U.S. and World News
- Hurricane Zeta made landfall in Louisiana late Wednesday afternoon as a strong Category 2, leaving over 2.6 million people without power across seven states. The hurricane quickly weakened to a Tropical Storm, but maintained that strength as it traveled northeast into the Carolinas. Zeta is the 11th named storm and 6th hurricane to make landfall in the United States this year, a seasonal record. As a result of the hurricane, at least six people died, power lines and trees were knocked down, houses were destroyed, and streets were flooded. Close to 2,000 National Guard personnel are assisting with the cleanup work in Louisiana.
- Coronavirus cases and hospitalizations across the United States are at their highest levels since May, prompting some states to announce new restrictions on businesses. Global daily deaths came in at more than 7,000 twice this week, bringing the 7-day average higher. Europe continues to struggle with rapidly spreading infections as a full lockdown goes into effect today in France and will last until the end of November. France is working towards a plan that will limit the economic fallout from the lockdown, targeting a contraction in GDP of roughly half the 30% drop that was seen during the first one. Regeneron has stopped enrollment in its trial for its antibody therapy used by President Trump, for patients with serious cases, after a safety issue warning from a third party. Eli Lilly also ceased enrollments into its program after research indicated that patients were unlikely to recover from the treatment in the late stages of infection.
- Markets slipped this week. The S&P 500 dropped -5.62% and closed at 3,270. The Dow Jones fell -6.47% and closed at 26,504. Year-to-date, the S&P 500 is up 2.77% and the Dow Jones is down -5.38%
- Yields rose this week. The 5 year and 10 year U.S. Treasury Notes are yielding 0.38% and 0.87%, respectively.
- The spot price of WTI Crude fell this week. Prices fell -10.61% and closed at $35.62 per barrel. Year to date, Oil prices are down -41.66%.
- The spot price of Gold fell by -1.26% and closed at $1,878.10 per ounce. Year to date, Gold prices are up 23.78%.
- Initial jobless claims fell to 751,000 and the four-week moving average of claims fell by 25,000 to 788,000. Claims fell by 12,000 in Texas, 9,000 in Florida, and by 8,000 in California. Claims rose by 10,000 in Michigan, 6,000 in Illinois, and by 3,000 in Virginia.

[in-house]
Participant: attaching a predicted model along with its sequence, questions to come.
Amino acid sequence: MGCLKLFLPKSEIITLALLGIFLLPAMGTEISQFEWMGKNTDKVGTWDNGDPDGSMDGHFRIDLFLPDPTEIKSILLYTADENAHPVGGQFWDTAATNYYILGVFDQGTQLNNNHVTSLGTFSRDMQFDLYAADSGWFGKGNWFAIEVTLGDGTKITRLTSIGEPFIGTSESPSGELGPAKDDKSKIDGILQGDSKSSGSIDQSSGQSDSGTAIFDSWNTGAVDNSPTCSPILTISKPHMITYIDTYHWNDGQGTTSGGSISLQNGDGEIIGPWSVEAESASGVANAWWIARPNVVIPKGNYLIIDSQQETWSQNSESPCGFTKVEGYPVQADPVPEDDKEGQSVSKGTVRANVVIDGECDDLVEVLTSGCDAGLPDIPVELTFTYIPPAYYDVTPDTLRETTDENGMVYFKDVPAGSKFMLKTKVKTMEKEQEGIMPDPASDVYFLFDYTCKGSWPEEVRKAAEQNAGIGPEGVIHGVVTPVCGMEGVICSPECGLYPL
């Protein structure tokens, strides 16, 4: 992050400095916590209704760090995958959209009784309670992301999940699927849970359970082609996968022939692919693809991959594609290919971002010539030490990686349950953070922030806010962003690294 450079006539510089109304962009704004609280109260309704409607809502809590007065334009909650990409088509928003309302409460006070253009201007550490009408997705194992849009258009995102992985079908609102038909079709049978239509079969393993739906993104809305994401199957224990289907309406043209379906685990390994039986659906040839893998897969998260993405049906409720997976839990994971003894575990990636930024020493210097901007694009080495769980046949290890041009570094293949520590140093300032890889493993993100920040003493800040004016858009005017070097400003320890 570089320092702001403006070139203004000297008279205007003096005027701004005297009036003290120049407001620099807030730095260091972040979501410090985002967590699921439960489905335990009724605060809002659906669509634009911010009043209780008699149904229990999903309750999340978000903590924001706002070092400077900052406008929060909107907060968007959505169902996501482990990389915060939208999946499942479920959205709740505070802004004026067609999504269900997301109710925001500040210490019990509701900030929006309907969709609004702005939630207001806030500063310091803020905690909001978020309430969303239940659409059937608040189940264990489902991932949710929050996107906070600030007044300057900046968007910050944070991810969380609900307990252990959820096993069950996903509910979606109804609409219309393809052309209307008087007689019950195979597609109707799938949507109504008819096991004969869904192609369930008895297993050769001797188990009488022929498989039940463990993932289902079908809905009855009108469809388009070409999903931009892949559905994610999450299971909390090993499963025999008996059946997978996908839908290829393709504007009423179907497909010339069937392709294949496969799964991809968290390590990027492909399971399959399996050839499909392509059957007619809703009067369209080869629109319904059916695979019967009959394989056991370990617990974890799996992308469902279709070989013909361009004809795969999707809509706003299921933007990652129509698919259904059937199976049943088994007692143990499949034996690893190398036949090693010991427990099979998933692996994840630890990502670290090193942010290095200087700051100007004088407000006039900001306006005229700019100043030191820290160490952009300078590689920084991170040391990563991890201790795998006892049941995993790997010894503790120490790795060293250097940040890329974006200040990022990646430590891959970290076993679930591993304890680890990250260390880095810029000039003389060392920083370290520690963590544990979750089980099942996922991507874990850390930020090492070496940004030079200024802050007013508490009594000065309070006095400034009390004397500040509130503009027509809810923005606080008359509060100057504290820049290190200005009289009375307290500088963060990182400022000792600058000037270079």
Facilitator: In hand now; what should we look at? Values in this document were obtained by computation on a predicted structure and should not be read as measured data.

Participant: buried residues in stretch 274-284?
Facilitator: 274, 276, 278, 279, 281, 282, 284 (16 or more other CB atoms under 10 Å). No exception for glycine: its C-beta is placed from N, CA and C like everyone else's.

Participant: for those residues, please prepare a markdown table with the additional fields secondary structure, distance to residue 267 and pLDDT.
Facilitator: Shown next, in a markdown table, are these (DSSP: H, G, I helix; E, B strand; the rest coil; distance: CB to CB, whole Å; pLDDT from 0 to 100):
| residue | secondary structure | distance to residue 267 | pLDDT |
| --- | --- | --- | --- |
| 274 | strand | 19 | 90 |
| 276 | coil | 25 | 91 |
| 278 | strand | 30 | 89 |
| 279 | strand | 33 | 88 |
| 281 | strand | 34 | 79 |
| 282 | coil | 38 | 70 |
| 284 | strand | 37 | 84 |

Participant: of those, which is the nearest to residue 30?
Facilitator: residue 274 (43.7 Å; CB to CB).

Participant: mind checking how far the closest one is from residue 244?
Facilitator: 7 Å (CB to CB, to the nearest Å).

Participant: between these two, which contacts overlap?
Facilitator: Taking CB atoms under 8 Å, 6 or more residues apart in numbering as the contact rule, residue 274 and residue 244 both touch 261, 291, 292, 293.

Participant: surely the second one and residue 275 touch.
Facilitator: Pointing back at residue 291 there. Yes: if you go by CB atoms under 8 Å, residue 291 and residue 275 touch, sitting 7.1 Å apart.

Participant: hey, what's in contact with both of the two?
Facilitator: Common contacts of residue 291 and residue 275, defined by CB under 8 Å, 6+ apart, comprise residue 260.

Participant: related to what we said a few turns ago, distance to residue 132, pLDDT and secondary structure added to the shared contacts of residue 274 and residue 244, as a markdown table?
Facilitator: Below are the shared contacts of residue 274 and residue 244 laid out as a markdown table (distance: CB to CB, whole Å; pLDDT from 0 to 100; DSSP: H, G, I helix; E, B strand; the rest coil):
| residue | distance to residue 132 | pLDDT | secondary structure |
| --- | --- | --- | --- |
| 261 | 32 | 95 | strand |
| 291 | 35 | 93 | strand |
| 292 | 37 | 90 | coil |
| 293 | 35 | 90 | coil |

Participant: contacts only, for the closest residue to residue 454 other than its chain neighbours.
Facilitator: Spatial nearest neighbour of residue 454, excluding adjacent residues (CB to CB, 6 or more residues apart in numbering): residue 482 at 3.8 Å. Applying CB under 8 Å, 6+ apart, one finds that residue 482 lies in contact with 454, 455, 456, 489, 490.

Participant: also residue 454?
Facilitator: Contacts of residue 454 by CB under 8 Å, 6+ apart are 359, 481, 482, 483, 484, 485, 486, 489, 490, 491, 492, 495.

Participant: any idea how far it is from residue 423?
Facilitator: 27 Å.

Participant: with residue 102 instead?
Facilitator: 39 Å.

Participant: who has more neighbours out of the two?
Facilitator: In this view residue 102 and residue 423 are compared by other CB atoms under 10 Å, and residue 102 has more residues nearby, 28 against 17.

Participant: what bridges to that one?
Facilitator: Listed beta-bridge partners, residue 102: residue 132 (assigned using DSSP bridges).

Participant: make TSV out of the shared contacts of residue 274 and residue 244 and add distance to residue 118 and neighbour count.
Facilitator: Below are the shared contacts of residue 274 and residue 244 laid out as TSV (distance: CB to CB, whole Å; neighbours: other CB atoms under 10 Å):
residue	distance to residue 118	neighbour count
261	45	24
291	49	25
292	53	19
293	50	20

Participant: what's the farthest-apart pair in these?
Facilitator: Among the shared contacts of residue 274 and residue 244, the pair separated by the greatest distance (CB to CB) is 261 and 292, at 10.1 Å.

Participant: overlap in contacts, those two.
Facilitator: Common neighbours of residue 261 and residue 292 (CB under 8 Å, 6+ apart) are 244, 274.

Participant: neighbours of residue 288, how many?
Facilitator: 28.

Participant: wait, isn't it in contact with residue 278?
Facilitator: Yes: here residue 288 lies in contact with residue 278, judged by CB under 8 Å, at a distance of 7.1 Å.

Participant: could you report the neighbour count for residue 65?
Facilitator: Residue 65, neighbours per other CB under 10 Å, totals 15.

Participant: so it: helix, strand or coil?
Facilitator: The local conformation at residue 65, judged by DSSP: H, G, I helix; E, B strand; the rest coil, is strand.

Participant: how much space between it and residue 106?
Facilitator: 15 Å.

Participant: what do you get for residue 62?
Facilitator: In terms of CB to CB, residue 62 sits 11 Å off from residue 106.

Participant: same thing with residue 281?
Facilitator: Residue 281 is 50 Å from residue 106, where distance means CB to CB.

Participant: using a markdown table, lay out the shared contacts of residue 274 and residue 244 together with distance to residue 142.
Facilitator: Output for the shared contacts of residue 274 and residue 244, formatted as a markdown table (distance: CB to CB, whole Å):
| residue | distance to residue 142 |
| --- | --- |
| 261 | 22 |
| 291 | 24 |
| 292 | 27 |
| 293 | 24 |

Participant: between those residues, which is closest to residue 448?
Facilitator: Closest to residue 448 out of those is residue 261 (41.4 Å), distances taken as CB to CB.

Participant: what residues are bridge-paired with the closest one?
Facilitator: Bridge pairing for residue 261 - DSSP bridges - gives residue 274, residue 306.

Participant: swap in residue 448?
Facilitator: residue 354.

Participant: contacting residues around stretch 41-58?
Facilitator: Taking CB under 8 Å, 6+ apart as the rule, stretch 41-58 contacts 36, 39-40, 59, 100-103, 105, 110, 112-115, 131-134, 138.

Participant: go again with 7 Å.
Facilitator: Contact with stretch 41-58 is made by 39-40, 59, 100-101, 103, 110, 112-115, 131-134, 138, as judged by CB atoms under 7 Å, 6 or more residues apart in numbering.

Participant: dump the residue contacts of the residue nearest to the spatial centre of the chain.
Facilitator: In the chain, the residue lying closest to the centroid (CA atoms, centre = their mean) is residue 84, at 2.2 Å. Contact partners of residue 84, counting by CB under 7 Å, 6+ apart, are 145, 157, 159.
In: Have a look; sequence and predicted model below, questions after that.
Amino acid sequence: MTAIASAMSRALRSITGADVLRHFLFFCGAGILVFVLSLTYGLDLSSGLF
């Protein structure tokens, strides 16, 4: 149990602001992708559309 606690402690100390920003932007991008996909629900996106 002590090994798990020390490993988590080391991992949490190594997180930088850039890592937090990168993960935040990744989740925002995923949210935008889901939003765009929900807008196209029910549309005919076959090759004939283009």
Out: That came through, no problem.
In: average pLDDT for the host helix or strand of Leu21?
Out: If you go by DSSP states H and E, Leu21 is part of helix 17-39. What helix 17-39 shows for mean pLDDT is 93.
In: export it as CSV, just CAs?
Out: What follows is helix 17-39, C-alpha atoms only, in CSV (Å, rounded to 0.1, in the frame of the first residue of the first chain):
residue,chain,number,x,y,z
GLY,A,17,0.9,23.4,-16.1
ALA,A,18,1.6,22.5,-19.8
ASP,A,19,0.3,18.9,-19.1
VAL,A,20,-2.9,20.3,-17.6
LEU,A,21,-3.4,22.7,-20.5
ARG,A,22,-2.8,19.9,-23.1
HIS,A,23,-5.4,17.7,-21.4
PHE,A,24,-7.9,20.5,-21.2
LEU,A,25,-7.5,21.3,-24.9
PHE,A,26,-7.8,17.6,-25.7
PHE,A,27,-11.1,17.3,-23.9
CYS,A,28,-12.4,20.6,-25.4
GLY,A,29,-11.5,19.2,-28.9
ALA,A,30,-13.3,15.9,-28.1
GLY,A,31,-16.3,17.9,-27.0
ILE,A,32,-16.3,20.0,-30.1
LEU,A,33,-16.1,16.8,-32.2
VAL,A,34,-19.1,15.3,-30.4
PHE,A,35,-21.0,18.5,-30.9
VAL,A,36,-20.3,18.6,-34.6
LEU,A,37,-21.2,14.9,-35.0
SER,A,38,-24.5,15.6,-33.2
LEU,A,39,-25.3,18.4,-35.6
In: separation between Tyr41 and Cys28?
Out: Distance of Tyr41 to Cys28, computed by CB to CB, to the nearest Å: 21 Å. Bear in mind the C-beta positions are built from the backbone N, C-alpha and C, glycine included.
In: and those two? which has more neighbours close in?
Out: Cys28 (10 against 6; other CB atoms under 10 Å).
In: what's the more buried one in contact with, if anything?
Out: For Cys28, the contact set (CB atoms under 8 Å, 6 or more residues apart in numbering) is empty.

- Real GDP rose by 33.1% versus expectations for an increase of 32.0%
- Personal consumption rose by 40.7% versus expectations for an increase of 38.9%
- The core PCE inflation index rose by 3.5% annually versus expectations for an increase of 4.0%
- Sales of new single-family homes fell by -3.5% to a seasonally-adjusted annualized rate of 959,000 units versus expectations for an increase of 1.4%
- Pending home sales fell by -2.2% versus expectations for an increase of 2.9%
- The FHFA house price index rose by 1.5% versus expectations for an increase of 0.7%
- New orders for durable goods rose by 1.9% versus expectations for an increase of 0.5%
- Durable goods orders ex-transports rose by 0.8% versus expectations for an increase of 0.4%
- Core capital goods orders rose by 1.0% versus expectations for an increase of 0.5%
- Core capital good shipments rose by 0.3% versus expectations for an increase of 0.4%
- The Conference Board index of consumer confidence fell by 0.4 points to 100.9 versus expectations for a reading of 102.0
- The University of Michigan’s index of consumer sentiment rose by 0.6 points to 81.8 versus expectations for a reading of 81.2
- Retail inventories rose by 1.6% versus expectations for an increase of 0.5%
- Wholesale inventories fell by -0.1% versus expectations for an increase of 0.4%
- Personal income rose by 0.9% versus expectations for an increase of 0.4%
- Personal spending rose by 1.4% versus expectations for an increase of 1.0%
Fact of the Week
- The price of lumber increased nearly 50% from 4/30/20 to 8/31/20, the largest 4-month increase ever in the cost of lumber based upon data maintained since 1949. The rally was driven by an acute supply shortage stemming from widespread production cuts due to pandemic-related demand concerns that proved to be short-lived and missed the positive catalysts for home construction and improvement that emerged. (source: Bureau of Labor Statistics, Bloomberg Intelligence).
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